Schreyer also incorporated Yukon First Nation metaphor into the Beama language. When a character references death, they say they are “walking to the other forest,” which is a reference to a similar Tlingit metaphor for death.

Once she had developed a skeleton for the language, she began creating sentence structure and translating the filmmakers’ script.

The entire film is spoken in Beama with subtitles, so Schreyer was then challenged to teach the language to the cast.

“I trained all the actors over Skype,” she said.

Jóhannes Haukur Jóhannesson, who plays Tau in Alpha and is known for his earlier role on Game of Thrones, immersed himself fully into learning Beama.

“(He said), ‘How do I say ‘thank you’, I want to say ‘no, don’t move forward, move on, circle,’ so this was everything I was developing for him,” Schreyer said.

“He wanted to be able to improvise in Beama while he was filming, which was amazing.”

During a media release for the film, Jóhannesson spoke highly of Beama.

“As I was learning, I began to see a pattern and it started to make sense,” Jóhannesson said.

“Then it just jumped out, word by word. Phrase by phrase. You could really feel this was not thrown together in a day. This was built with knowledge and craftsmanship. The grammar was so clear and well thought out, which made it easier to learn. Not to mention the beauty of how it sounds.”

The Beringia Interpretive Centre has been hosting frequent, free virtual Science Talks during the pandemic. All the talks are livestreamed to the Beringia Facebook page. On March 25, Dr. Jacquelyn Gill will present “Exploring the Lost Mammoth Steppe in a Siberian Time Machine.”

Contact Gabrielle Plonka at gabrielle.plonka@yukon-news.com

Get local stories you won't find anywhere else right to your inbox.
Sign up here

Just Posted

Dawson the dog sits next to the Chariot Patrick Jackson has loaded and rigged up to walk the Dempster Highway from where it begins, off the North Klondike Highway, to the Arctic Circle. (Submitted)
Walking the Dempster

Patrick Jackson gets set for 405-kilometre journey

Liberal leader Sandy Silver speaks outside his campaign headquarters in Dawson City following early poll results on April 12. (Robin Sharp/Yukon News)
BREAKING: Minority government results will wait on tie vote in Vuntut Gwitchin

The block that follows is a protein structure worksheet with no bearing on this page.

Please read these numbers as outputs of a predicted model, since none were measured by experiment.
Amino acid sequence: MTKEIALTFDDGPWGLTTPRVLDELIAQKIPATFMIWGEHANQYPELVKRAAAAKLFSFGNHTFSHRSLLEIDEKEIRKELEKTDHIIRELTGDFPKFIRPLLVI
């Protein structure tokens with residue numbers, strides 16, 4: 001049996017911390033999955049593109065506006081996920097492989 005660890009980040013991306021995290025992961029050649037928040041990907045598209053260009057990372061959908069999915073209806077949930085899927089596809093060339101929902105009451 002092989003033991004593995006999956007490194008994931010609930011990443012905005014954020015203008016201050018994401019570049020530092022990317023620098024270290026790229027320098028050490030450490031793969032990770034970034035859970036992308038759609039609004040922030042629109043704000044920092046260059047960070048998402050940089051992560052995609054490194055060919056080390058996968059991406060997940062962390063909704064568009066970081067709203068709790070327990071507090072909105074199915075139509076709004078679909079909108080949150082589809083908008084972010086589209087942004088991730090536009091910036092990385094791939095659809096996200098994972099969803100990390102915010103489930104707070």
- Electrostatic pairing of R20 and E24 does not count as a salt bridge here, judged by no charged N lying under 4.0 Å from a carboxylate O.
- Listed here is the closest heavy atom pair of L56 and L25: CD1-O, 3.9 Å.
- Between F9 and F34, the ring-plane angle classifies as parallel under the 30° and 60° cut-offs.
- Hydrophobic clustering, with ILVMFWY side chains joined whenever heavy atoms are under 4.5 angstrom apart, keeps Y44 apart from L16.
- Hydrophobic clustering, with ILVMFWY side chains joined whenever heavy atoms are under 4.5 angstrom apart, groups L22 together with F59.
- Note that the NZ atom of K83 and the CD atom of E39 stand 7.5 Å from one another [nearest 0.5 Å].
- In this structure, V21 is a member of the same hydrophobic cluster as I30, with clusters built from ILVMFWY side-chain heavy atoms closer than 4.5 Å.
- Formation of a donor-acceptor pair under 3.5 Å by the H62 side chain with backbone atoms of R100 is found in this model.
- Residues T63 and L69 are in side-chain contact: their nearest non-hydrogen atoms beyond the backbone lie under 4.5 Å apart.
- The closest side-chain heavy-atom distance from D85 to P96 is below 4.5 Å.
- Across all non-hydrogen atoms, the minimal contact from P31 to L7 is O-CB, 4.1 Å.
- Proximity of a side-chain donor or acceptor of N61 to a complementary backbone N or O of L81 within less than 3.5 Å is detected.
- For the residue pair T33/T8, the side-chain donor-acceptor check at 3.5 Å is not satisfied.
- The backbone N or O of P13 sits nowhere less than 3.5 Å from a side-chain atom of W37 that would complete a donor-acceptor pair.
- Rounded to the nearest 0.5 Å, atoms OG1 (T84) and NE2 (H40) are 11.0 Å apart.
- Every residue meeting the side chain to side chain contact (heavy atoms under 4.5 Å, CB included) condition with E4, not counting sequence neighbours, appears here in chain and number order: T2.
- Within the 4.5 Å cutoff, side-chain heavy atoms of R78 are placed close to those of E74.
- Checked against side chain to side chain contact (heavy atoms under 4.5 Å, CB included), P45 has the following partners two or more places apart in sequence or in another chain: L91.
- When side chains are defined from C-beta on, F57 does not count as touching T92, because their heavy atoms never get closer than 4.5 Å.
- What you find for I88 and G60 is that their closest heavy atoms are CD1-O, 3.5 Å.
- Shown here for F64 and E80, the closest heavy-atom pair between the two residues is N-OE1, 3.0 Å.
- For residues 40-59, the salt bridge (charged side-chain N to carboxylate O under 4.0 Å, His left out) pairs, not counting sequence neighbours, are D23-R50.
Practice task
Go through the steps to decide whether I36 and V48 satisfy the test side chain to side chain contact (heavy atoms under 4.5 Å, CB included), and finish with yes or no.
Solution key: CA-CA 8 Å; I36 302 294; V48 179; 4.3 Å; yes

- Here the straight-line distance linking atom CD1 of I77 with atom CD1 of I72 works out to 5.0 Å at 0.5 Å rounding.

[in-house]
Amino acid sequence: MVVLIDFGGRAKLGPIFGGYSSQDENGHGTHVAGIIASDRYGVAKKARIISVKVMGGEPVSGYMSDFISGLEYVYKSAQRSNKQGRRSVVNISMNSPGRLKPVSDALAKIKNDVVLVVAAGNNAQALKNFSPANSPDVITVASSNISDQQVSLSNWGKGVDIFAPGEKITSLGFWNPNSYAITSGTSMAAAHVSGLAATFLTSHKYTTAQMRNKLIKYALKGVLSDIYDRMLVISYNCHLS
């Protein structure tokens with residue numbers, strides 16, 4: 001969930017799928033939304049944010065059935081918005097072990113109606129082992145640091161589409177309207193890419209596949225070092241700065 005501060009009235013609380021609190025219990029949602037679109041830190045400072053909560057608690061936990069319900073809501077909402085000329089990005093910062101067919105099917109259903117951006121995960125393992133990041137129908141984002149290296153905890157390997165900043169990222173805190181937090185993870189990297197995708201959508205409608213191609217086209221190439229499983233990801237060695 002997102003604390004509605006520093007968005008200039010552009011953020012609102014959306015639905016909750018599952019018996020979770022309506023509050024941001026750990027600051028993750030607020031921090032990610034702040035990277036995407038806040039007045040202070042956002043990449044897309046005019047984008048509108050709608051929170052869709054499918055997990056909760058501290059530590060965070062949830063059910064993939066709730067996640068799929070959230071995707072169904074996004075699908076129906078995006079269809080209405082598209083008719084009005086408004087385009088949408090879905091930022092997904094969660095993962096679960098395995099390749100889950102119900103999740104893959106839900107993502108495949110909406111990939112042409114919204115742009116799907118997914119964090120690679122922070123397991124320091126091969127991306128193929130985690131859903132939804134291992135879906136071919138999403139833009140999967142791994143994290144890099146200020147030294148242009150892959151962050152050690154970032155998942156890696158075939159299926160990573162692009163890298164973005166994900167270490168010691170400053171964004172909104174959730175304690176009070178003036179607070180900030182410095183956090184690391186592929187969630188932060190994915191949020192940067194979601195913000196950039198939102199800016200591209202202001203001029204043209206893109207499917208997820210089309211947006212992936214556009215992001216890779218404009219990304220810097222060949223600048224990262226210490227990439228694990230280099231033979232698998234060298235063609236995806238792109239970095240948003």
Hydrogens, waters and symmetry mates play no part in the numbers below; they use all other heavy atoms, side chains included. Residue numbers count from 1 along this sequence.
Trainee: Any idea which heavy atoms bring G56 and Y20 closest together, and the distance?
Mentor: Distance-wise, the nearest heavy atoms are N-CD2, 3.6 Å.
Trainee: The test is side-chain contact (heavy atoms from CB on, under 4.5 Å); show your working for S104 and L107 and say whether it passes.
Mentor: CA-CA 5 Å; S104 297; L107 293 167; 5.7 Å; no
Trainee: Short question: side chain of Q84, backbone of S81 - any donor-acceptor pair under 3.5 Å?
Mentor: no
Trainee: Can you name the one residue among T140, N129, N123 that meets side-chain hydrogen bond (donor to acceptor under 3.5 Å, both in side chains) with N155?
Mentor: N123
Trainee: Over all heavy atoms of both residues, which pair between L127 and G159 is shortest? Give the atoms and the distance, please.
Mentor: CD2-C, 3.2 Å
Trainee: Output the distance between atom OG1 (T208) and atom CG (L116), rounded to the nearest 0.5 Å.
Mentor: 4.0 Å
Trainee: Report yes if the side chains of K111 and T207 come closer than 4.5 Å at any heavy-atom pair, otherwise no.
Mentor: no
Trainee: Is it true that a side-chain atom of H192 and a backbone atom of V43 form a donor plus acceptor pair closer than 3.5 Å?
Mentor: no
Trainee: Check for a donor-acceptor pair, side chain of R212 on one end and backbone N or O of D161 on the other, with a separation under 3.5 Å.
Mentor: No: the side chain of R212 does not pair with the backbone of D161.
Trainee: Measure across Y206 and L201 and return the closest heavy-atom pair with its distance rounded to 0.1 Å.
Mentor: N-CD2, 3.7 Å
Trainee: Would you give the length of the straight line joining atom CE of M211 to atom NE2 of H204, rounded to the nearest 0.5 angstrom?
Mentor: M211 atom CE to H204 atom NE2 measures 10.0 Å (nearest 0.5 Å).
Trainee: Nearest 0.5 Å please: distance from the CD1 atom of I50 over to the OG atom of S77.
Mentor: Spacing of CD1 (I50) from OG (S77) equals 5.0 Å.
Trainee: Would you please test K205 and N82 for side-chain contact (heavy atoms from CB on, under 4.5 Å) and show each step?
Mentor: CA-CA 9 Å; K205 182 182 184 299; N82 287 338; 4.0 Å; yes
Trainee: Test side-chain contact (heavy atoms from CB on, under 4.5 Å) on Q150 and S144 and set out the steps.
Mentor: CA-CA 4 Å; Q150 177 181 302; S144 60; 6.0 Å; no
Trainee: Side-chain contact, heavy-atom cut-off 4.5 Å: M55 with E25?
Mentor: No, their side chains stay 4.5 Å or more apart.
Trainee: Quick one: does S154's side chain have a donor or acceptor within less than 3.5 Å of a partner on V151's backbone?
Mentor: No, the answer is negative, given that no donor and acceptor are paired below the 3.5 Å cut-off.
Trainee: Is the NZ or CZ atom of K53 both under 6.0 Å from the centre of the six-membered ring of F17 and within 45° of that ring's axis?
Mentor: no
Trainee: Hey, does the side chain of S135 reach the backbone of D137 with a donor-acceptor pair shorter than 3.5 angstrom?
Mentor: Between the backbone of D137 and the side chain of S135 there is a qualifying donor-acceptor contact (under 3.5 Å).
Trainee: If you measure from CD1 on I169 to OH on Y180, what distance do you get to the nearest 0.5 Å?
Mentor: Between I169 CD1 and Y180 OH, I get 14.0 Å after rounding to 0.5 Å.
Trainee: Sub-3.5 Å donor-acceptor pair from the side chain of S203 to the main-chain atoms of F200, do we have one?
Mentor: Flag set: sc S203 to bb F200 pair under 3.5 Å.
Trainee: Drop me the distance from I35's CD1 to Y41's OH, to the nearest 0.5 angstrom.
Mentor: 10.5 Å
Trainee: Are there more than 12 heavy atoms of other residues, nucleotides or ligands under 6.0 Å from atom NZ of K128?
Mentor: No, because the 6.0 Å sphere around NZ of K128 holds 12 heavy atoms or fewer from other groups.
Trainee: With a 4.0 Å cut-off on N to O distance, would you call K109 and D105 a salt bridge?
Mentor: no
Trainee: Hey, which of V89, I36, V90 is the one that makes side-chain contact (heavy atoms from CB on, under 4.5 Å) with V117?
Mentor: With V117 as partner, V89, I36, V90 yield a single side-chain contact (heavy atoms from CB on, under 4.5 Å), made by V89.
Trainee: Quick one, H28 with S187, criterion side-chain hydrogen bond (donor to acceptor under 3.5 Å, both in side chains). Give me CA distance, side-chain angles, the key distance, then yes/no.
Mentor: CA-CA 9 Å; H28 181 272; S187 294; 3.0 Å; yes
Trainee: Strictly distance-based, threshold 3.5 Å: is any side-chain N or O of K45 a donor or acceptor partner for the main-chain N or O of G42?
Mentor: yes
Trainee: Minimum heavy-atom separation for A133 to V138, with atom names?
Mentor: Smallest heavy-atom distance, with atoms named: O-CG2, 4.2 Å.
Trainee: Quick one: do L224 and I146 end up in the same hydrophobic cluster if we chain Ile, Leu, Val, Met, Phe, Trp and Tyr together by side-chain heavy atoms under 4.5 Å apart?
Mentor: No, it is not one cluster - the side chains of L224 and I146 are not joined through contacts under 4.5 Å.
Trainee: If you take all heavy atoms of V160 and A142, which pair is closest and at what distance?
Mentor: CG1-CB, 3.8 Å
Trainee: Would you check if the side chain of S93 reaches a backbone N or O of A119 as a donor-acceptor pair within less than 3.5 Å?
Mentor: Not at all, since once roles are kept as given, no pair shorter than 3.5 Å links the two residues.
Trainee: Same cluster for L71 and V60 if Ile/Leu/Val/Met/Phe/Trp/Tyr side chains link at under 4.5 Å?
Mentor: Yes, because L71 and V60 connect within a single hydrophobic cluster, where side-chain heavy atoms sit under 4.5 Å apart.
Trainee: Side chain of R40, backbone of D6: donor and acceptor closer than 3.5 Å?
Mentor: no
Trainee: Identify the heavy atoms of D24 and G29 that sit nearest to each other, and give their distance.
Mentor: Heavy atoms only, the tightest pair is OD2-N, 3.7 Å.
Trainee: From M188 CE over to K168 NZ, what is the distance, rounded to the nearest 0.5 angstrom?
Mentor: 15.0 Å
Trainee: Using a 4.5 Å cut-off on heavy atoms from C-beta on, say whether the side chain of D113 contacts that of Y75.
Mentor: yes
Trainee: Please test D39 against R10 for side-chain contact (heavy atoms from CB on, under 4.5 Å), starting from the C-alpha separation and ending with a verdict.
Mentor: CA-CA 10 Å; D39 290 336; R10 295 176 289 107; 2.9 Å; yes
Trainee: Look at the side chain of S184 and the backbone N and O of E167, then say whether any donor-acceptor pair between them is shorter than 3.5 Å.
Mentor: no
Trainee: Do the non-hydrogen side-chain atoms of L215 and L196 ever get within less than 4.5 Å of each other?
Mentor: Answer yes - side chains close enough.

The Yukon Party and the Liberal Party currently have secured the same amount of seats

Yukonomist Keith Halliday
YUKONOMIST: The Neapolitan election

Do you remember those old bricks of Neapolitan ice cream from birthday… Continue reading

Chief Medical Officer of Health Dr. Brendan Hanley. (Crystal Schick/Yukon News)
Exposure notice issued for April 3 Air North flight

Yukon Chief Medical Officer of Health Dr. Brendan Hanley has issued another… Continue reading

Crystal Schick/Yukon News file
Runners in the Yukon Arctic Ultra marathon race down the Yukon River near the Marwell industrial area in Whitehorse on Feb. 3, 2019.
Cold-weather exercise hard on the lungs

Amy Kenny Special to the Yukon News It might make you feel… Continue reading

lwtters
Today’s Mailbox: Rent freezes and the youth vote

Dear Editor, I read the article regarding the recommendations by the Yukon… Continue reading

Point-in-Time homeless count planned this month

Volunteers will count those in shelters, short-term housing and without shelter in a 24-hour period.

The Yukon’s new ATIPP Act came into effect on April 1. Yukoners can submit ATIPP requests online or at the Legislative Assembly building. (Gabrielle Plonka/Yukon News file)
New ATIPP Act in effect as of April 1

The changes promise increased government transparency

A new conservancy in northern B.C. is adjacent to Mount Edziza Provincial Park. (Courtesy BC Parks)
Ice Mountain Lands near Telegraph Creek, B.C., granted conservancy protection

The conservancy is the first step in a multi-year Tahltan Stewardship Initiative

Yukon RCMP reported a child pornography-related arrest on April 1. (Phil McLachlan/Black Press file)
Whitehorse man arrested on child pornography charges

The 43-year-old was charged with possession of child pornography and making child pornography

Team Yukon athletes wave flags at the 2012 Arctic Winter Games opening ceremony in Whitehorse. The postponed 2022 event in Wood Buffalo, Alta., has been rescheduled for Jan. 29 to Feb. 4, 2023. (Justin Kennedy/Yukon News file)
New dates set for Arctic Winter Games

Wood Buffalo, Alta. will host event Jan. 29 to Feb. 4, 2023

Victoria Gold Corp. has contributed $1 million to the First Nation of Na-cho Nyak Dun after six months of production at the Eagle Gold Mine. (Submitted/Victoria Gold Corp.)
Victoria Gold contributes $1 million to First Nation of Na-cho Nyak Dun

Victoria Gold signed a Comprehensive Cooperation and Benefits Agreement in 2011

Most Read